Furness Abbey

Conservation in Action at Furness Abbey

Starting late summer 2020, English Heritage is to carry out the final phase of a long running conservation project at Furness Abbey. During this period visitors will have the opportunity to see conservation work as it happens.

Preserving for the future

The £650,000 project will see the culmination of over ten years of maintenance, investigation, monitoring and testing which will ensure the long term stability and safety of the Abbey's presbytery walls.

The project will also complete repair work to the Abbey's West Tower, East Range and Infirmary.

Property Curator, Mark Douglas said "Furness Abbey is one of the most significant monastic sites in Northern England and this work will go a long way to ensure people can continue to enjoy the site for years to come. Being able to see the works take place offers a unique opportunity to see expert conservation techniques in action".

Conservation work

The works, which will commence towards the end of summer 2020 and take approximately 12 months to complete, represent the latest in a series of interventions to address issues with the structural stability of the Abbey's presbytery.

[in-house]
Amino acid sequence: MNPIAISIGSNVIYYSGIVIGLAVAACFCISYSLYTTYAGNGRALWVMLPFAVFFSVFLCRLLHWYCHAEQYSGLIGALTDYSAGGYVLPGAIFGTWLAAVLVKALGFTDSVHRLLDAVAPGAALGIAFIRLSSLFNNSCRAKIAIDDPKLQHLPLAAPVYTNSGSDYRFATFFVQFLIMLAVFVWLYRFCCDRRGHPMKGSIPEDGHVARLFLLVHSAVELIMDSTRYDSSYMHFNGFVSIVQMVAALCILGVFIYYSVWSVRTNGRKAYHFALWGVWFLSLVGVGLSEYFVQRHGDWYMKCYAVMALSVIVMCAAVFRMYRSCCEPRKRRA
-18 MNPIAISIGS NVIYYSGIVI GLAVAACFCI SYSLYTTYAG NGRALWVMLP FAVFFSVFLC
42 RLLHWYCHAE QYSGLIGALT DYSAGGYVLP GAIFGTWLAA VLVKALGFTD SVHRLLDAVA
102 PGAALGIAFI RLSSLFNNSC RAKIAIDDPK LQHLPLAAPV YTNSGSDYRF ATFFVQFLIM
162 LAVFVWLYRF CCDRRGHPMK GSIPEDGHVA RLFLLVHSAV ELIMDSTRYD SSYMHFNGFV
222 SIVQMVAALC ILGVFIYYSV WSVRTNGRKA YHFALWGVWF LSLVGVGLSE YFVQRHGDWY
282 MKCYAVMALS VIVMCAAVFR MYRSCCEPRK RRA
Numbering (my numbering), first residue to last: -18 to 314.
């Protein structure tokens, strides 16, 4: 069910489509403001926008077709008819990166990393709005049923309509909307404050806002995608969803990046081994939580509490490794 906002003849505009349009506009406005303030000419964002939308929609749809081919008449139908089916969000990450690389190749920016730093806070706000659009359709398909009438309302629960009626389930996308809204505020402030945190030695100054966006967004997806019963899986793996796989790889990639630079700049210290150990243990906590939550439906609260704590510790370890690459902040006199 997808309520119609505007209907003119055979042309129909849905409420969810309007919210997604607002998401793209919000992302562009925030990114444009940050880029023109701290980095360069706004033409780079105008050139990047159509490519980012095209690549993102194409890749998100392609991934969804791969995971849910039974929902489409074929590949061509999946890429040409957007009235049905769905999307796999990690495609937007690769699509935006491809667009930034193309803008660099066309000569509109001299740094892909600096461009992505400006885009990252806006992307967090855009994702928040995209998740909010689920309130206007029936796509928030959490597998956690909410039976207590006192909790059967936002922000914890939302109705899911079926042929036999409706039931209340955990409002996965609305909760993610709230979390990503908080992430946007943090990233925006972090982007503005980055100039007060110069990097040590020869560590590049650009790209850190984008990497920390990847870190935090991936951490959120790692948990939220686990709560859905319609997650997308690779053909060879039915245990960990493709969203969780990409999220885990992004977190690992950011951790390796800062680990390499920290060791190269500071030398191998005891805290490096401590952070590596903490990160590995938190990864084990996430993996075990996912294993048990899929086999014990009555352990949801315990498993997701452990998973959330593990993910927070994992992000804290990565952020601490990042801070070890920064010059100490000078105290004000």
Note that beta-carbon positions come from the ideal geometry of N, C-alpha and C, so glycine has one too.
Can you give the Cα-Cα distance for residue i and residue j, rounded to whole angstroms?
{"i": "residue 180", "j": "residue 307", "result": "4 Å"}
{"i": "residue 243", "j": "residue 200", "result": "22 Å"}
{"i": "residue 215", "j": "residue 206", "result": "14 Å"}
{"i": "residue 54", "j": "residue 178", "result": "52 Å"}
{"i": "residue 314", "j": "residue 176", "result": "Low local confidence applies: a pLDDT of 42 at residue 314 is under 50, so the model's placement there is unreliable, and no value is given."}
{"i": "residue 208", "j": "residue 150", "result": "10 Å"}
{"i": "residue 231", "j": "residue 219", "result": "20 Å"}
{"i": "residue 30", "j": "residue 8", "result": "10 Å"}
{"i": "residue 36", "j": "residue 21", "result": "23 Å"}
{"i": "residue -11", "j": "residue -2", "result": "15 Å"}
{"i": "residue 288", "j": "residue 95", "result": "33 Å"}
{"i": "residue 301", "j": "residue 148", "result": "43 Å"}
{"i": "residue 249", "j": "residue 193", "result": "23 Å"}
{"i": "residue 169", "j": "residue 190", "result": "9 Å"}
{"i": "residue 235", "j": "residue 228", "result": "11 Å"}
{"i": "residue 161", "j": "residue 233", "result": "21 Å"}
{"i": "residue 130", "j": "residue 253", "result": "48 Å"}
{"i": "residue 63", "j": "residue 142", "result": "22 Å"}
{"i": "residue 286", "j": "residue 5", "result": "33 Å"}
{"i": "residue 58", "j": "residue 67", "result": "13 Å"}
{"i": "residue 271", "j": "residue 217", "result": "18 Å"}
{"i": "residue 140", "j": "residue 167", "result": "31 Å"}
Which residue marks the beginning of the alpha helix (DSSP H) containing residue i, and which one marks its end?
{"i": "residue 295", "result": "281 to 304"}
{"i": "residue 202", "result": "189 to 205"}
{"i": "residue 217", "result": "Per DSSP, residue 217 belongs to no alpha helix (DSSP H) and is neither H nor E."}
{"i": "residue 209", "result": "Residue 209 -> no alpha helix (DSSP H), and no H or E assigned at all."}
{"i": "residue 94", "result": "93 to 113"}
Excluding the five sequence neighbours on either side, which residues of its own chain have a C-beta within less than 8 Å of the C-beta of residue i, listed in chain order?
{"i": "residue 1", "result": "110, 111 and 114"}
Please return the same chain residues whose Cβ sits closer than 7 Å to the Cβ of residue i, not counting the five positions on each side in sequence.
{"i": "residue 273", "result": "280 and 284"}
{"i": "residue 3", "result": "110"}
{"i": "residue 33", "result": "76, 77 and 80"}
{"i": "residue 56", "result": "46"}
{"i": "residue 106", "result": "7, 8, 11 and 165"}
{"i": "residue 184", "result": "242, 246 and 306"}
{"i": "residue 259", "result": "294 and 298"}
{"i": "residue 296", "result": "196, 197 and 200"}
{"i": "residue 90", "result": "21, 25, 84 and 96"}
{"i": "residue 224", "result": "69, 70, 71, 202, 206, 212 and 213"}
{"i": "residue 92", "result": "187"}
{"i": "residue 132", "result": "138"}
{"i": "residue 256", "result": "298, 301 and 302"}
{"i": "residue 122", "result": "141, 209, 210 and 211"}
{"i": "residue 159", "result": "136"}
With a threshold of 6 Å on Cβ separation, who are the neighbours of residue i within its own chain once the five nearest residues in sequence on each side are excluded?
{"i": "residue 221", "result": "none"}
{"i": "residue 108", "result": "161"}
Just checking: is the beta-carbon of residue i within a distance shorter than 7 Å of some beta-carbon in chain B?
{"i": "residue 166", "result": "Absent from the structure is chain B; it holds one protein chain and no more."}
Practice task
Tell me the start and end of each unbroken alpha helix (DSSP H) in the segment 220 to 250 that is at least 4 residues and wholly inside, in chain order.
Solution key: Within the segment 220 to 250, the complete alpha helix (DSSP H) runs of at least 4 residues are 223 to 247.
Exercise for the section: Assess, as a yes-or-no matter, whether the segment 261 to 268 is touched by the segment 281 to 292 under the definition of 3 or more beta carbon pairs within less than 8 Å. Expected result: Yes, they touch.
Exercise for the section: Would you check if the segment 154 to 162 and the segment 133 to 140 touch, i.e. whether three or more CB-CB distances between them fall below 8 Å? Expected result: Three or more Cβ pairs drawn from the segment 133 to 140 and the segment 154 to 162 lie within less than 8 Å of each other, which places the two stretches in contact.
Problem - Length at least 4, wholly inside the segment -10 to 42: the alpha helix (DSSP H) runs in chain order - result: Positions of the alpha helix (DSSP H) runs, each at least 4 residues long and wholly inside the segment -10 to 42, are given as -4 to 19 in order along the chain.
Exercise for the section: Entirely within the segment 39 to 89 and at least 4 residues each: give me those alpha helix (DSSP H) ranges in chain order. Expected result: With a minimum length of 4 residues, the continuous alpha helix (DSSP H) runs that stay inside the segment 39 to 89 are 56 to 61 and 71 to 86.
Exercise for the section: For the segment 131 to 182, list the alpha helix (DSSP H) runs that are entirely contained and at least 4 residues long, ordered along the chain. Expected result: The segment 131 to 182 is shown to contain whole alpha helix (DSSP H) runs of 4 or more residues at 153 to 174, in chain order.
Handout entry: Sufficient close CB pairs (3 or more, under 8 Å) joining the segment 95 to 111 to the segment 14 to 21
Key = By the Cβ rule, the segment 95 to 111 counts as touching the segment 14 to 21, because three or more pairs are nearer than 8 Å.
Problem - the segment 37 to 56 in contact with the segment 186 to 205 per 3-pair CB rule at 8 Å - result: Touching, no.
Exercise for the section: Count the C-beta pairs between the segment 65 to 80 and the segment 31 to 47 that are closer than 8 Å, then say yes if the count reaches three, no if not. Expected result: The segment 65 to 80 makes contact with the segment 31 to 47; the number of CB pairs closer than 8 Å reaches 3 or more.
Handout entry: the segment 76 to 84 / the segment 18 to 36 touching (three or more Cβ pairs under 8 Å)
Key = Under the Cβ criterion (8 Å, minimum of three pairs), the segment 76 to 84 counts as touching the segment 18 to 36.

A crack in the presbytery wall was first noticed in 2008 and the first phase of works involved the installation of a temporary steel cradle to to help protect against collapse of the wall. Archaeological excavation around the base of the structure followed and between 2012 and 2015 underpinning work took place to the north, south and eastern walls of the presbytery, followed by monitoring work.

Now in the final phase of the conservation works, grout will be injected into the cavity between the walls which will greatly increase the structal stability of the presbytery. It is hoped that the works will ultimately lead to the removal of the steel cradle, which has supported the presbytery walls since 2008.

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